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Pupil behaviour: Inclusion or exclusion units – naughty or troubled?

Around the country, schools-within-schools, educate or guard the challenged and challenging. Sometimes they’re called ‘inclusion units’, sometimes ‘exclusion units’, sometimes more zappily ‘learning zones’. In one school I knew (let’s call it Oakwood), it was across the road, staffed by teachers considered hard-core enough to manage the toughest of the tough. I’ve often discussed with Oakwood’s head how her unit could better serve the school. Those debates came straight back to me at today’s fascinating mini-conference “Is Inclusion Over?” organised by Not Dead Fish.

Incompatible goals

The problem for many of these ‘units’ is that they suffer from an unhelpful conflation of purposes. I would like to argue that disentangling these would improve the situation for everyone.

In Oakwood’s case, the ‘unit’ was in constant tension between two purposes:

  1. Short term punishment or isolation; acting as the ‘stick’ to balance behaviour management ‘carrots’ whilst removing pupils who obstructed other pupils’ learning.
  2. A medium/longer term alternative for pupils who were struggling to cope in the mainstream.

Both of those might have a place but they are incompatible.

Kiran Gill, highlighted exactly the sort of thing we might want from specialist provision within schools. She was recently awarded a grant by the Inclusion Trust to start work with the IPPR on a new programme that would support pupils at risk of exclusion. She explained that pupils struggling to cope within the mainstream tend to have complex needs that will not go away simply by punishing them. She pointed out that excluded pupils are twice as likely to be care leavers, four times more likely to have been born in poverty and seven out of ten of them have special needs or a mental health problem.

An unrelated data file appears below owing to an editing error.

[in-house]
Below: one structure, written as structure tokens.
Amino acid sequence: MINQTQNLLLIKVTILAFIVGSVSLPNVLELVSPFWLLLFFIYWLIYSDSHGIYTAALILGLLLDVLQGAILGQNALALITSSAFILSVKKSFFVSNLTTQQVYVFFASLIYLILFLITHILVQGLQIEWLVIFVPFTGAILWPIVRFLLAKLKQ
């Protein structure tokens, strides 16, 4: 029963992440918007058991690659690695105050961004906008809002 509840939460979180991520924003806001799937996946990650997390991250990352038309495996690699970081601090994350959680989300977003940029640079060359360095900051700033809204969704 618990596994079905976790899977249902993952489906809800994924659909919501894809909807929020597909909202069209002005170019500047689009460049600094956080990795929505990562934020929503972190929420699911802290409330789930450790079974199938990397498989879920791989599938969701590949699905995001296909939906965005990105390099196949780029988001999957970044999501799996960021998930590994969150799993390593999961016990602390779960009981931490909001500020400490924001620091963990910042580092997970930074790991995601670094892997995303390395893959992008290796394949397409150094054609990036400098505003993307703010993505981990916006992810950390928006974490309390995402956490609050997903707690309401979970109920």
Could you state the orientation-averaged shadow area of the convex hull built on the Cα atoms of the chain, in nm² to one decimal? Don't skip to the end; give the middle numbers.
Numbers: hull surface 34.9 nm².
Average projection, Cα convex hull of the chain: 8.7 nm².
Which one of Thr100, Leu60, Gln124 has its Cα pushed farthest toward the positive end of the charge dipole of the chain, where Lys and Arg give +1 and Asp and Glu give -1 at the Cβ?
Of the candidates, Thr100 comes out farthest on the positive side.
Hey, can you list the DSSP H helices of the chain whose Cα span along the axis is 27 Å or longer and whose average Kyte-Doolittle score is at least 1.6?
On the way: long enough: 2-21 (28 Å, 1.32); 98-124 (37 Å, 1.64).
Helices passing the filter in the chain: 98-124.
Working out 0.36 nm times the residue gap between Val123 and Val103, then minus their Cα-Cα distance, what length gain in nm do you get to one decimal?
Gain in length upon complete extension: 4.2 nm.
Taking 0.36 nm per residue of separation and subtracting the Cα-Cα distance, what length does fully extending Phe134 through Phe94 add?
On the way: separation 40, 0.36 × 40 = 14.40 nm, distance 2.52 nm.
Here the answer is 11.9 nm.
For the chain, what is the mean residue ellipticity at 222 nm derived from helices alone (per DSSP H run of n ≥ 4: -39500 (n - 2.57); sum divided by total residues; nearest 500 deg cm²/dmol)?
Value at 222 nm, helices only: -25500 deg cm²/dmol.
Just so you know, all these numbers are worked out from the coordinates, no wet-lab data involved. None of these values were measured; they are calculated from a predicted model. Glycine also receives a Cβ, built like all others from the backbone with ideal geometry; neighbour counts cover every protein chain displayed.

Exclusion statistics
Figures from our 2015 report “The Alternative Should Not be Inferior

If we are to address these pupils’ needs, we need to ensure they have access to the best support, including specialist provision and close partnership with Child and Adolescent Mental Health Services (CAMHS). Yet, as we argued in our recent Joseph Rowntree Foundation report, it is often only once they are excluded that pupils can access the funding and support they need. By this time they have been ‘pushed out’ of our education system and gone down the (often) one-way street of exclusion. Our report, and the charity’s “anti-poverty Strategy” therefore argued that funding and support should come earlier, when the road between inclusion and exclusion remains a two-way one. This is important because if support can be accessed within ‘normal’ schools, pupils benefit from a far more porous boundary between ‘units’ and mainstream lessons.

So why wasn’t the ‘inclusion unit’ approach possible at Oakwood? Several reasons. Firstly because ‘going to the unit’ was supposed to be a behaviour management ‘stick’ and it could therefore not become a desirable option; a child kicked out of class for persistent disruption, could not be seen to go straight to a place of nurture for the rest of the day.  Secondly, because some pupils were only there for very short periods, there was no continuity. Identifying and responding to pupils’ needs is a long-term process and staff need to be able to plan for progression and reintegration carefully. With pupils constantly coming in and out for hours, days, weeks or terms this was tricky and the smaller core of pupils who were there long-term got caught in the cross-fire.

A better approach can therefore be found in schools that have both a short term ‘isolation’ unit as well as an inclusion or specialist unit. Of course there will quite rightly be movement between the two; pupils who continuously find themselves in isolation tend to be those who are in need of support. However, overall, the approach means schools can do two essential jobs: they can tightly manage behaviour with an appropriate system of carrots and sticks, whilst simultaneously providing the specialist support that many pupils need in a nurturing environment.

My final contention is that perhaps, if schools and other agencies got the nurture piece right, the need for the stick might finally drop away a bit too, but that’s a longer game.

Catch up on our ‘Pushed Out Learners’ report here.

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